Here are reviews of the two separately released parts of The Crossing.
The Crossing — August 13, 2015
The first part of John Woo’s latest epic (the second part was recently released in China to little fanfare, but isn’t available here yet) is a romantic war movie in the style of The Big Parade or Doctor Zhivago, with a half-dozen characters caught up in the Chinese Civil War following the defeat of the Japanese in 1945. The most direct connection is probably Cai Chusheng and Zheng Junli’s 1947 film The Spring River Flows East which follows the ups and downs of a family awash in the same history, and was also released separately in two parts.
Leaving the nautical disaster that’s led the project to be dubbed “John Woo’s Titanic” for the second half, this first part follows the three major stars and their satellite characters through the civil war: Zhang Ziyi as an illiterate nurse trying to get by while searching for the man she loves (a soldier); Kaneshiro Takeshi as a Taiwanese doctor who has lost the woman he loves (a Japanese girl); and Huang Xiaoming as a Nationalist general who falls in love with and marries a young woman before shipping her to safety in Taiwan (where she lives in Kaneshiro’s girlfriend’s old house). It’s lush and romantic, with a quite pretty score by Iwashiro Taro, who also did the stirring and lovely music for Woo’s Red Cliff. Golden hues, wind blowing through grasslands, pointed freeze-frames, and slow-motion (yes, and doves), balanced by the horrors of war: starving children, students and dancing girls beaten in the streets, freezing trenches and explosive heroism. Nobody mixes action and melodrama with more seriousness than John Woo.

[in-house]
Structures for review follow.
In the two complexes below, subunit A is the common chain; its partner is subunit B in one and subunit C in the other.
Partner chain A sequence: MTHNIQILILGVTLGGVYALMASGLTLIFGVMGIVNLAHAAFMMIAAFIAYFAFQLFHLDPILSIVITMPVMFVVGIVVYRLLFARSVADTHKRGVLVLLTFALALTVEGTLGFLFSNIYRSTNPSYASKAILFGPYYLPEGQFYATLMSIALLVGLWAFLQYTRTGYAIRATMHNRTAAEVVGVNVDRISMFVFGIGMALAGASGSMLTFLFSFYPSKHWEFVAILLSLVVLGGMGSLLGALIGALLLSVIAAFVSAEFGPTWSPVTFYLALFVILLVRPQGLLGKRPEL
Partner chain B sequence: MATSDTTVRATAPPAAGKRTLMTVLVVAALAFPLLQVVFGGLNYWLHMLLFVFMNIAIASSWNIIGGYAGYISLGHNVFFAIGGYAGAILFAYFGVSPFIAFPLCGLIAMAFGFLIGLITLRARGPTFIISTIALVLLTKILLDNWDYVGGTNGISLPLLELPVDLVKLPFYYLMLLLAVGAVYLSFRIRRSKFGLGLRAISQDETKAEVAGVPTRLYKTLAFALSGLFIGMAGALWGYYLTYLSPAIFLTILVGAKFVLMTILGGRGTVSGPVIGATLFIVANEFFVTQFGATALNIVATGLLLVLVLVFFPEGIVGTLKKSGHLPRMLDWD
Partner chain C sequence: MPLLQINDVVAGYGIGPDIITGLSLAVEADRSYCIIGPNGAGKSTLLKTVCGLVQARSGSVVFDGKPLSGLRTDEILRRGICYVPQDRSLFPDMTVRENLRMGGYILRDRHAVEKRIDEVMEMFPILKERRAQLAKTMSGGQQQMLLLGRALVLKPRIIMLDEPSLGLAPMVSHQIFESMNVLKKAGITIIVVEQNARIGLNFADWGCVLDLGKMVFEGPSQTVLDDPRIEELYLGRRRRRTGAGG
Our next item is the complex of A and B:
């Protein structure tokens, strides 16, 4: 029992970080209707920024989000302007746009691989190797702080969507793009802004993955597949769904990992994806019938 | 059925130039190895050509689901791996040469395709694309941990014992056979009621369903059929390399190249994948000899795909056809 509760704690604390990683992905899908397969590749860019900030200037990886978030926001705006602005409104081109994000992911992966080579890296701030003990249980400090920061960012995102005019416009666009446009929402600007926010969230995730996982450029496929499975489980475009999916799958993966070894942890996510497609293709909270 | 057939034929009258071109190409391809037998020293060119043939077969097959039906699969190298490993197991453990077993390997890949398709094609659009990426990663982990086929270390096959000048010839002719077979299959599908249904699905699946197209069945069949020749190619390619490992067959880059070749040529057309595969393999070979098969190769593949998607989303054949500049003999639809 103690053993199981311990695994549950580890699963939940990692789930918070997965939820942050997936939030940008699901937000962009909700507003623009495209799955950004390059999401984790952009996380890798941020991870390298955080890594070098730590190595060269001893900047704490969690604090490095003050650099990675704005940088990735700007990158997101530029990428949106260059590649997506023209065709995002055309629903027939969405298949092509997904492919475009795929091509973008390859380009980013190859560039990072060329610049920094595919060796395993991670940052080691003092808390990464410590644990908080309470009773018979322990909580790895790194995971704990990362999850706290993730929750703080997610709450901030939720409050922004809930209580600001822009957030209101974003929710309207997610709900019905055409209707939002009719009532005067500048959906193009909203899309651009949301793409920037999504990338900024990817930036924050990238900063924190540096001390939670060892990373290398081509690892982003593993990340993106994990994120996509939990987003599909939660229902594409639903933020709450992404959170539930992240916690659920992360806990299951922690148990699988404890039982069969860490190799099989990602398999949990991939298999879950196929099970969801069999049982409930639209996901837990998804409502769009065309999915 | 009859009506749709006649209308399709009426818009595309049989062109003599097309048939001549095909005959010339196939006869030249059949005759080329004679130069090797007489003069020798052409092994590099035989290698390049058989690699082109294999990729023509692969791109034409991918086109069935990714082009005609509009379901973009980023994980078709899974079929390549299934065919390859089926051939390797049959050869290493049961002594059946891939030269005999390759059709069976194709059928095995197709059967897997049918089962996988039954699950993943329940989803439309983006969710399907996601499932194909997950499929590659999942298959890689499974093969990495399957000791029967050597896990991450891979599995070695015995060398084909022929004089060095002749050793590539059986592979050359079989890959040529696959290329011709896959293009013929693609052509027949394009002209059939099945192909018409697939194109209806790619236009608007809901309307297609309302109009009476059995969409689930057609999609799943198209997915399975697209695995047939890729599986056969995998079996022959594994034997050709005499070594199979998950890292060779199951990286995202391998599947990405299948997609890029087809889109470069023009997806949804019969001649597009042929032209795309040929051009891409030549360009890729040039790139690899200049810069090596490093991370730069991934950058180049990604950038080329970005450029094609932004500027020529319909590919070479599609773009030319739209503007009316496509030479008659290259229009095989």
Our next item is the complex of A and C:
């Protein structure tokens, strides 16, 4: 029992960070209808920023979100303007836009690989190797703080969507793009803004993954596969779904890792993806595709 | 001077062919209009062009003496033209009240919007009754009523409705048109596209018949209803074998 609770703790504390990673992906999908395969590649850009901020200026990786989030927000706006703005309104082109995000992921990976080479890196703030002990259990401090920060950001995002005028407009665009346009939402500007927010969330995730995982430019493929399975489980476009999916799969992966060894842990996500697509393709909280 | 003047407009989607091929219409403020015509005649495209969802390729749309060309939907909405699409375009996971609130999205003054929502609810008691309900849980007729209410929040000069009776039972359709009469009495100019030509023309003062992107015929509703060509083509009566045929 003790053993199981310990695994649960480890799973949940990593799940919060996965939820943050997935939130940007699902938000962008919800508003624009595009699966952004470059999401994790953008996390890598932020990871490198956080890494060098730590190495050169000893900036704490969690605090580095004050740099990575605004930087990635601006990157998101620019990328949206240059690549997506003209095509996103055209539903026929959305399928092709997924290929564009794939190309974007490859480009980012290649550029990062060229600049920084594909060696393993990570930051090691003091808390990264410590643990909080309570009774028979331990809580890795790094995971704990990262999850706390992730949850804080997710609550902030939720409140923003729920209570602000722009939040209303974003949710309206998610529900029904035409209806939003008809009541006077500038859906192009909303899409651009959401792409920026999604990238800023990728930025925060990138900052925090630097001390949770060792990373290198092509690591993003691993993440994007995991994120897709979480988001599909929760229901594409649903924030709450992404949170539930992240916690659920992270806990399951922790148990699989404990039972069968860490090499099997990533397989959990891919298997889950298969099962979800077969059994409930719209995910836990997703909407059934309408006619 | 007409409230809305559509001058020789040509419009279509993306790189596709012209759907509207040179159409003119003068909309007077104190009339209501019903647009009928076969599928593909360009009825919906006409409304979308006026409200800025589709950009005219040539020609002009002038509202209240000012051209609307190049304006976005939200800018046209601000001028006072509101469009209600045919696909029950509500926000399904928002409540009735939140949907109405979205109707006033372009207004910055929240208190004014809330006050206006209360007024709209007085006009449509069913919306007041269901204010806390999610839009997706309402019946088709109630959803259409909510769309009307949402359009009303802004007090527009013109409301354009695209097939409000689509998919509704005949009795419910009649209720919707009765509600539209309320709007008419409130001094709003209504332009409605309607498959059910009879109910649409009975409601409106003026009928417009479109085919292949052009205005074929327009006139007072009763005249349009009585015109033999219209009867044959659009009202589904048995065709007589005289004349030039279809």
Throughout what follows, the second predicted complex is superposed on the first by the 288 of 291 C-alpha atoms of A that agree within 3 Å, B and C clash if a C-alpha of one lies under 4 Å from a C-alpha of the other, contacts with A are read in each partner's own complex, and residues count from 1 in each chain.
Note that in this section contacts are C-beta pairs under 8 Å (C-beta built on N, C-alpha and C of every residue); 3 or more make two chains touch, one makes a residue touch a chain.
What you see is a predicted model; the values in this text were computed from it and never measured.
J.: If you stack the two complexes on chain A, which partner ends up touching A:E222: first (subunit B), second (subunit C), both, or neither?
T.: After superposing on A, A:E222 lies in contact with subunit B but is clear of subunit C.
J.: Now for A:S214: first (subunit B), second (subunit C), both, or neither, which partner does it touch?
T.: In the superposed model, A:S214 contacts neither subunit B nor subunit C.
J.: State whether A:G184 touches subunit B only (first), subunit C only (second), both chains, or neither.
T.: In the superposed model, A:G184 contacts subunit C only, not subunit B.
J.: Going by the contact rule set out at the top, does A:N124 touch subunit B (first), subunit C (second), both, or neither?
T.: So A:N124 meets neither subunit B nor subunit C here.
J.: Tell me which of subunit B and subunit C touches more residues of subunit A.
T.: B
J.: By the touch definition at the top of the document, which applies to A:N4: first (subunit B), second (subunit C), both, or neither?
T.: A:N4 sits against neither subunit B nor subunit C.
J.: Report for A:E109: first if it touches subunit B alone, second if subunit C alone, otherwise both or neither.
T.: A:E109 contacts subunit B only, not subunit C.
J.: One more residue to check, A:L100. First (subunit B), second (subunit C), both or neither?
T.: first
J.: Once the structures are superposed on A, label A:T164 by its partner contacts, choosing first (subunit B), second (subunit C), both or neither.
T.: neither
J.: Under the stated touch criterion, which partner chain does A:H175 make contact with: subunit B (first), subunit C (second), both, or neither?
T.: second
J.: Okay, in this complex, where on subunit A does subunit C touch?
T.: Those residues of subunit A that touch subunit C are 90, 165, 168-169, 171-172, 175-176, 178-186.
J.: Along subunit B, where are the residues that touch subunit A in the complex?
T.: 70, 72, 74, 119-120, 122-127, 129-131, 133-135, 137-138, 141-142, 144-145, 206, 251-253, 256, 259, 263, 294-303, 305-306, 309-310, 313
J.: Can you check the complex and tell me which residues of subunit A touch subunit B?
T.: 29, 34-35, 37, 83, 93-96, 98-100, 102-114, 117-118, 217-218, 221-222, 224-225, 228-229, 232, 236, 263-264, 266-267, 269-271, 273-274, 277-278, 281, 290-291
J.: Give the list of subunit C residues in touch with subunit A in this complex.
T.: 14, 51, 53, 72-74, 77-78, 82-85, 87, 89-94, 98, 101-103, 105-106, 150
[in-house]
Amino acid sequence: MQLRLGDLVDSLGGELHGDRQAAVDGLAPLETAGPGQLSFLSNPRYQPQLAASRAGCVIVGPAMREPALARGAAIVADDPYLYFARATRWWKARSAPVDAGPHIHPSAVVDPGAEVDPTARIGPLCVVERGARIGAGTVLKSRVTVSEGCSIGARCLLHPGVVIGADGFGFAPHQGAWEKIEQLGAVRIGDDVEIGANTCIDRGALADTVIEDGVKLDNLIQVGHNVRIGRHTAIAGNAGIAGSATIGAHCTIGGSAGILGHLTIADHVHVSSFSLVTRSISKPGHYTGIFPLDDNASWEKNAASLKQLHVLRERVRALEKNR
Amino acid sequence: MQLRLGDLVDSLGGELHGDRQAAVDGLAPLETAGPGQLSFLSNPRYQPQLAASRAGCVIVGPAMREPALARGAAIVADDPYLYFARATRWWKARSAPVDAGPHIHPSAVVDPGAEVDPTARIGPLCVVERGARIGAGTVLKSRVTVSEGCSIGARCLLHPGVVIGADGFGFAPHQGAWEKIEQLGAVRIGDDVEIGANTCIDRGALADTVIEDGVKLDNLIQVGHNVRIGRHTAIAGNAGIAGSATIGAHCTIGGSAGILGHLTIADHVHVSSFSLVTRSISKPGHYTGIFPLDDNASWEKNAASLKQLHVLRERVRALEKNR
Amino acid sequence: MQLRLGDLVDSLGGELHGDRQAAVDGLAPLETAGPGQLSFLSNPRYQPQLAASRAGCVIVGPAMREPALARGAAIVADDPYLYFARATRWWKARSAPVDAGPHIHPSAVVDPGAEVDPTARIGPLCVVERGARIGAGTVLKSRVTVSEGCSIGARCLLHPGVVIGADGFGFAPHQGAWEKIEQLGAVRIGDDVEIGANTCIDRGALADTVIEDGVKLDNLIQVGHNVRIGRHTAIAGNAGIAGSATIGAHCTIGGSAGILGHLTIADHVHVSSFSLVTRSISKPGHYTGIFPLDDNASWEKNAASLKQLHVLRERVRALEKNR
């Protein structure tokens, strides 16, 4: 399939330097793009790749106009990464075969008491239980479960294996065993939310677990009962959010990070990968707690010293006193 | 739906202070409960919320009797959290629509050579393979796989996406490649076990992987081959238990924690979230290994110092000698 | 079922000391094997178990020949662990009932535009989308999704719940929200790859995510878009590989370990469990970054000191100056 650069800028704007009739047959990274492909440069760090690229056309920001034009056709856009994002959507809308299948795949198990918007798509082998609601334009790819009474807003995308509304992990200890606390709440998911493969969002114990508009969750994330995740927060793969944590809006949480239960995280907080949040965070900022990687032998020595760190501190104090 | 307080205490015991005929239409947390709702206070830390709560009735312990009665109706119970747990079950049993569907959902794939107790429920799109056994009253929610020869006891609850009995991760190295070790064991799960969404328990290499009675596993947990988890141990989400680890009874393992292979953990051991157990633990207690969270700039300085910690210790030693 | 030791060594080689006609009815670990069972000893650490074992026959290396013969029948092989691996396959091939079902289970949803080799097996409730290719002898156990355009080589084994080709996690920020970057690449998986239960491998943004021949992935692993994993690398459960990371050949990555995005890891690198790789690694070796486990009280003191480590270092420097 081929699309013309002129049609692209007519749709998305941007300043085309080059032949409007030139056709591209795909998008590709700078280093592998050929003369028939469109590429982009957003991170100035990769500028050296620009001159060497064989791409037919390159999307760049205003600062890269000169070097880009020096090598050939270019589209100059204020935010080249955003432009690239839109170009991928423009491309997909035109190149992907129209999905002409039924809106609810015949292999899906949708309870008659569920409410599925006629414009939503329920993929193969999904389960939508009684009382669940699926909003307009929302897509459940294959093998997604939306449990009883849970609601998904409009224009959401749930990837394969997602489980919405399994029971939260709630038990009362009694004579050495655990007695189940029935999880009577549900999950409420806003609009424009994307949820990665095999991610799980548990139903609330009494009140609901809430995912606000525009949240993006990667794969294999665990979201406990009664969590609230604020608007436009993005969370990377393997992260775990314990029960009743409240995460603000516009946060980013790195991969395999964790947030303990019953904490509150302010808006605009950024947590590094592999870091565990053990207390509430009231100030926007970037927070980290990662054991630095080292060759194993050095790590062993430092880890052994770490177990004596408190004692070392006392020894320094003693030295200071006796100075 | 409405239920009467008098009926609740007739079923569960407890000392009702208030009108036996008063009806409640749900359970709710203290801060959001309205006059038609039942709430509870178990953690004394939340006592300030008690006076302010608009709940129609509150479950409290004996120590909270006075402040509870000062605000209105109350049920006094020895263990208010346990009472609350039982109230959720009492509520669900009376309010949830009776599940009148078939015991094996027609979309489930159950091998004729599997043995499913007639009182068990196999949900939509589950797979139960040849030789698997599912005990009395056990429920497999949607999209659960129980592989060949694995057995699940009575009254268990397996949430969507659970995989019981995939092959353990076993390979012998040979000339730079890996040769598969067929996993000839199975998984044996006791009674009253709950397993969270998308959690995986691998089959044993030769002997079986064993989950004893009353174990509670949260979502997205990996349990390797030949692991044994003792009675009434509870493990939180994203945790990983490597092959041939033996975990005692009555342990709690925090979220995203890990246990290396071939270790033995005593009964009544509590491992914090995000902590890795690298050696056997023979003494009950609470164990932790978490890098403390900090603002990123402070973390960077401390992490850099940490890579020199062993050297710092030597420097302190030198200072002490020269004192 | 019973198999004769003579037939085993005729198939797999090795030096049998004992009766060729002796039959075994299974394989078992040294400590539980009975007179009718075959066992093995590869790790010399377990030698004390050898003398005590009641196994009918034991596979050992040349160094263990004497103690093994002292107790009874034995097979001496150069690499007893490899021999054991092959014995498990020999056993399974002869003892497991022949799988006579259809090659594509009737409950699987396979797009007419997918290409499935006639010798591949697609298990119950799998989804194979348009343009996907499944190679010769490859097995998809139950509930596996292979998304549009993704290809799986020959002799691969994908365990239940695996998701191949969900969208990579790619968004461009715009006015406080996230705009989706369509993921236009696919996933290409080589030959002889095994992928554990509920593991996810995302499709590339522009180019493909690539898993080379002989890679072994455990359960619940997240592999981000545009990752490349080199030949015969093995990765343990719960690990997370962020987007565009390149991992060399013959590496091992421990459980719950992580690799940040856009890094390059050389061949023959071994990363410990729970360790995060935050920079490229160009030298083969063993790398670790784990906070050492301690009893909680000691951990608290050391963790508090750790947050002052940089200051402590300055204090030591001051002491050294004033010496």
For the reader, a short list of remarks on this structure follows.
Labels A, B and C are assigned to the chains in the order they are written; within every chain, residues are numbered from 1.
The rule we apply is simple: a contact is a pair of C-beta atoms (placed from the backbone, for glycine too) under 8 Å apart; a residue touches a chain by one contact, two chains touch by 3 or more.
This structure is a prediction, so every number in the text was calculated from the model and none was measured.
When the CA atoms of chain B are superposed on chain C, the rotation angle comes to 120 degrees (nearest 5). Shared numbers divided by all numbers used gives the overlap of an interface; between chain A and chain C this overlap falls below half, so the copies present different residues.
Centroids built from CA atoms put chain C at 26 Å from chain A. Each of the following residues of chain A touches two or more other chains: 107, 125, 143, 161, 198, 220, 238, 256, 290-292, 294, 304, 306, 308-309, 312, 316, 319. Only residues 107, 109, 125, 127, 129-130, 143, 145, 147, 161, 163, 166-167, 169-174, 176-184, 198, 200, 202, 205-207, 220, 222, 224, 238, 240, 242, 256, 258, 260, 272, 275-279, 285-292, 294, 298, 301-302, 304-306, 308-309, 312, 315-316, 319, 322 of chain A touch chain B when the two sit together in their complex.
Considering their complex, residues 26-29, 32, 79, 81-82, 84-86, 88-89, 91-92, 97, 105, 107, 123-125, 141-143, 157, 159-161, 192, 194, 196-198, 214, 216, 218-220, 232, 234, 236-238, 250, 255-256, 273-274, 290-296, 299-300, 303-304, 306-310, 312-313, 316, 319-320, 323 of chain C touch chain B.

One person’s old fashioned and sappy is another person’s classical and heartfelt. And I am nothing if not a sucker.
The Crossing II — December 2, 2015
Such a strange movie, less a continuation of the story of Part One than a partial remake of it (pointedly perhaps its title is “The Crossing II” and not “The Crossing Part II“), as the first half-hour not only recapitulates what went before, but completely replays whole scenes with slightly different editing and a few extra scenes added in. The next hour or so continues the rhythm of the first film, intercutting between the various leads as they all slowly make their way to the doomed boat (a title card at the opening gives us all the details of the impending disaster, with some of this information to be repeated verbatim at the end of the film). The emphasis is on Kaneshiro Takeshi’s doctor, first in his friendship with Song Hye-kyo (the wife of Nationalist general Huang Xiaoming), then with his family (ostensibly his younger brother who wants to run off from Taiwan to Shanghai to become a prostitute, but as it plays the relationship is more with his mother and sister-in-law (his older brother’s widow), who is played by Woo’s daughter Angeles), and finally, on the boat, with Zhang Ziyi, the idealistic young woman willing to do anything up to and including prostitution in her quest to survive long enough to find the army man she loves (“When I believe someone, I believe him wholeheartedly. Shouldn’t it be that way?” she says, in a line that does much to summarize Woo’s entire career).
Recentering the film in this manner makes it less an ensemble piece about love in a time of war, as the first one is, than a film about the endurance of women in the face of tragedy. Perhaps this is the influence of Tsui Hark, brought in at the last minute to help assemble the final cut. The whole thing feels like it was hastily thrown together in response to the box office failure of the first part. I’m very curious how the second half was to play out in its initial conception, as I quite liked Part One, it had the sweep and loveliness of a great historical melodrama. The second part though would probably play better, or at least just as well, as a single film, in isolation from the first. The jumbling repetitions of the first film irreparably break the rhythm–we’re left wondering why we’re seeing these scenes again, and why the new scenes were deleted from the first film, rather than being caught up in the emotions on-screen.
For all its billing, this is not “John Woo’s Titanic“. In its loveliness, deep anxiety about the past and the horrors of history (one of the many fascinating things about its look at the Civil War is that both sides are pretty much equally terrible, while good people populate the ranks of both armies), breathtaking romanticism, and flights of digital expressionism, this is nothing less (and nothing more) than John Woo’s War Horse.